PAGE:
Posted on December 10, 2023
UPPER TOWNSHIP — Pumping has begun to add sand to beaches in the south end of Ocean City, part of a $33.7 million federal contract, but about a mile and a half south, things are looking desperate in the north end of the Strathmere section of Upper Township.
Where there had been steep cliffs eroded into the side of the sand dunes in the seaside village by the end of the summer, there are now no dunes at all.
On a recent morning, waves slapped against a wall of rocks that was installed more than a decade ago as a last-ditch protection against the sea.
Those rocks were buried in sand added as part of a previous federal beach project. Today they are all that stands between the water and the roads and houses in the north end of Strathmere.
“It’s pretty bad,” said Ted Kingston, a longtime Strathmere resident.
He said the beaches are not in the worst shape he’s seen. That was around 2008, when erosion had damaged structures and threatened a steel bulkhead put in place not long before then.
The current beach erosion extends beyond the north end, with undercut dunes and eroding beaches extending multiple blocks.
“It’s a little less stressful with the beach fill two weeks away,” Kingston said.
Kingston described a time years ago when the beach along Corsons Inlet on the north side of the island was also whittled away, and there was no beach project even under consideration.
The Army Corps of Engineers announced in October it had awarded a $33.7 million contract with Great Lakes Dredge and Dock of Illinois to build beaches in Ocean City, Strathmere and Sea Isle City.
The huge dredge can be seen just off of Strathmere, but the project will build Ocean City beaches first. That city saw a beach project last winter, adding sand to the north end, and now work has started in the far south end of the city.
Work is expected to begin in Strathmere in mid-December, and continue into January, according to Gary DeMarzo, the Upper Township administrator. After that, the project will continue in Sea Isle City, which shares a barrier island with Strathmere.
Even if erosion is not at its worst in Strathmere history, the rapid retreat of sand dunes that already were eroded since the end of summer has put properties in a precarious position until sand can be pumped back.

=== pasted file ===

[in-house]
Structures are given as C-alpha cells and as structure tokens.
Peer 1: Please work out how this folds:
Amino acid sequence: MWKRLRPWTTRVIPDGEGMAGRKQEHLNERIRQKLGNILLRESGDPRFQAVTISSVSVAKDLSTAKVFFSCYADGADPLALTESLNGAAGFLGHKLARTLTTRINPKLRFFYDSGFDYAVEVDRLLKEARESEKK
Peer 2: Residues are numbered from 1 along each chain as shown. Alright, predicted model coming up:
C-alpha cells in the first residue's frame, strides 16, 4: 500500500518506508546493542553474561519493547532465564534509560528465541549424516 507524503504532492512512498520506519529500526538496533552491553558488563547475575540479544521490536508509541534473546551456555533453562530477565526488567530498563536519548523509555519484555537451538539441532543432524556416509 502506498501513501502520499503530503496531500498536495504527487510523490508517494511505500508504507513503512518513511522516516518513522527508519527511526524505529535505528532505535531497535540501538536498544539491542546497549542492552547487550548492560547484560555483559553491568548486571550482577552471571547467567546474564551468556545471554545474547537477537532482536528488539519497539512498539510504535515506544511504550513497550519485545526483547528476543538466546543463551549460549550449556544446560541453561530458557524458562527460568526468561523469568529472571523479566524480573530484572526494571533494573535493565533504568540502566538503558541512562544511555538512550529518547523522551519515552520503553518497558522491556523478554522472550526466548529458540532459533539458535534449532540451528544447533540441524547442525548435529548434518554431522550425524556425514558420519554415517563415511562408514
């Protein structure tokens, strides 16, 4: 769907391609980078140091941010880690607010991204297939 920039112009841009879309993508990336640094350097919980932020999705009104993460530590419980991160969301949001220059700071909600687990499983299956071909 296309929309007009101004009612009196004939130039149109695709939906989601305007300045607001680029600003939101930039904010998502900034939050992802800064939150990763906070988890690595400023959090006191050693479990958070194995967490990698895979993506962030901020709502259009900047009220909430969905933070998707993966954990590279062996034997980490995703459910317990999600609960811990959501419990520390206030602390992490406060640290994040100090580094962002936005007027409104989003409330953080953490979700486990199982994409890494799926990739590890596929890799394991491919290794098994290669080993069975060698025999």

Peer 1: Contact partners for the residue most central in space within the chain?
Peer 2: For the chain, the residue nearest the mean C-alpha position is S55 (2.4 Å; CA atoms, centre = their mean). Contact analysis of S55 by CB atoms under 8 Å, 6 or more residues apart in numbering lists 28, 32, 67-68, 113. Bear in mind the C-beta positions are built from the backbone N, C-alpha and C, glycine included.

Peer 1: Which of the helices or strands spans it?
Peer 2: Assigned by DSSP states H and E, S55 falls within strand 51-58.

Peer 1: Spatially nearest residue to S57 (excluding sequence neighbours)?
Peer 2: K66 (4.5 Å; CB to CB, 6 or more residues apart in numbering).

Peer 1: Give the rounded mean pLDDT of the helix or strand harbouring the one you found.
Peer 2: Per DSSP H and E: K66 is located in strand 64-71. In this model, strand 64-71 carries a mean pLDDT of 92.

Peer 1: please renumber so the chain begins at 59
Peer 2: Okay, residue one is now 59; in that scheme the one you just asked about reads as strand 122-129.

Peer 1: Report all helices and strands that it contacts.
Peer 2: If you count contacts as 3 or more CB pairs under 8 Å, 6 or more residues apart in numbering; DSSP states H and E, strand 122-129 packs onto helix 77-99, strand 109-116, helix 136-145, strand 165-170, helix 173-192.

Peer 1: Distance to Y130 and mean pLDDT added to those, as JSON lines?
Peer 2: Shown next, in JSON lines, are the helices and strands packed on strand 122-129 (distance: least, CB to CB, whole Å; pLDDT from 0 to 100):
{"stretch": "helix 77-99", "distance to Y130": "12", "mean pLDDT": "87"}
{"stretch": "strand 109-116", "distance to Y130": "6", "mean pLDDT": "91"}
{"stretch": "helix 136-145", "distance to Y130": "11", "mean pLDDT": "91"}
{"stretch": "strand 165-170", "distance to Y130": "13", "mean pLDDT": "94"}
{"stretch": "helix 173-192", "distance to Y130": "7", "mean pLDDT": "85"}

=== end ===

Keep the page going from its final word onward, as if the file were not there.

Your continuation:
“We got blasted,” DeMarzo said.
DeMarzo cited a recent report that said the area had been subjected to unusually strong wave action over the past several months, accelerating the erosion process. He said the township has been working closely with the Army Corps and the state Department of Environmental Protection.
“We’re doing the best we can to protect property values and lives and our way of life, but we’re up against Mother Nature and Father Time,” DeMarzo said. He said he recently attended a status conference on the project, which will require more sand to be added than originally planned.
The Township Committee has approved the local contribution to the project cost, estimated at $1.3 million, but an expanded project will increase those costs across the board.
“The numbers have ticked north,” DeMarzo said. The cost will not delay the work, he added, saying the state and federal partners understand that beach project is a public safety issue.
Plans also call for the removal of timbers that were once part of a jetty system designed to stave off erosion. DeMarzo said they were put in place from the 1930s until the 1950s. They have been submerged for some time. The additional erosion has now exposed eight section of timbers, where there were four before.
DeMarzo described the submerged timbers as a safety hazard.
Plans are to remove those timbers, DeMarzo said.
The Army Corps approved the contract with Great Lakes Dredge and Dock of Illinois for the beach work. Strathmere is set to receive about a half-million cubic yards of sand, according to a project description posted by the Philadelphia District of the Army Corps.
The contract includes rebuilding dune crossovers, as well as fencing and other features, according to the Army Corps.
The dredge arrived in the area Thursday, and pumping operations began Friday morning, Ocean City Mayor Jay Gillian told residents in his weekly message.
The work started between 56th Street and 57th streets, with plans to close 1,000 feet of beach at a time as the work moves north to 45th Street, with a plan to add 257,000 cubic yards of sand.
“This work allows a healthy dune system to grow and to protect property throughout Ocean City. Thank you for your patience and understanding as this important project continues,” Gillian said.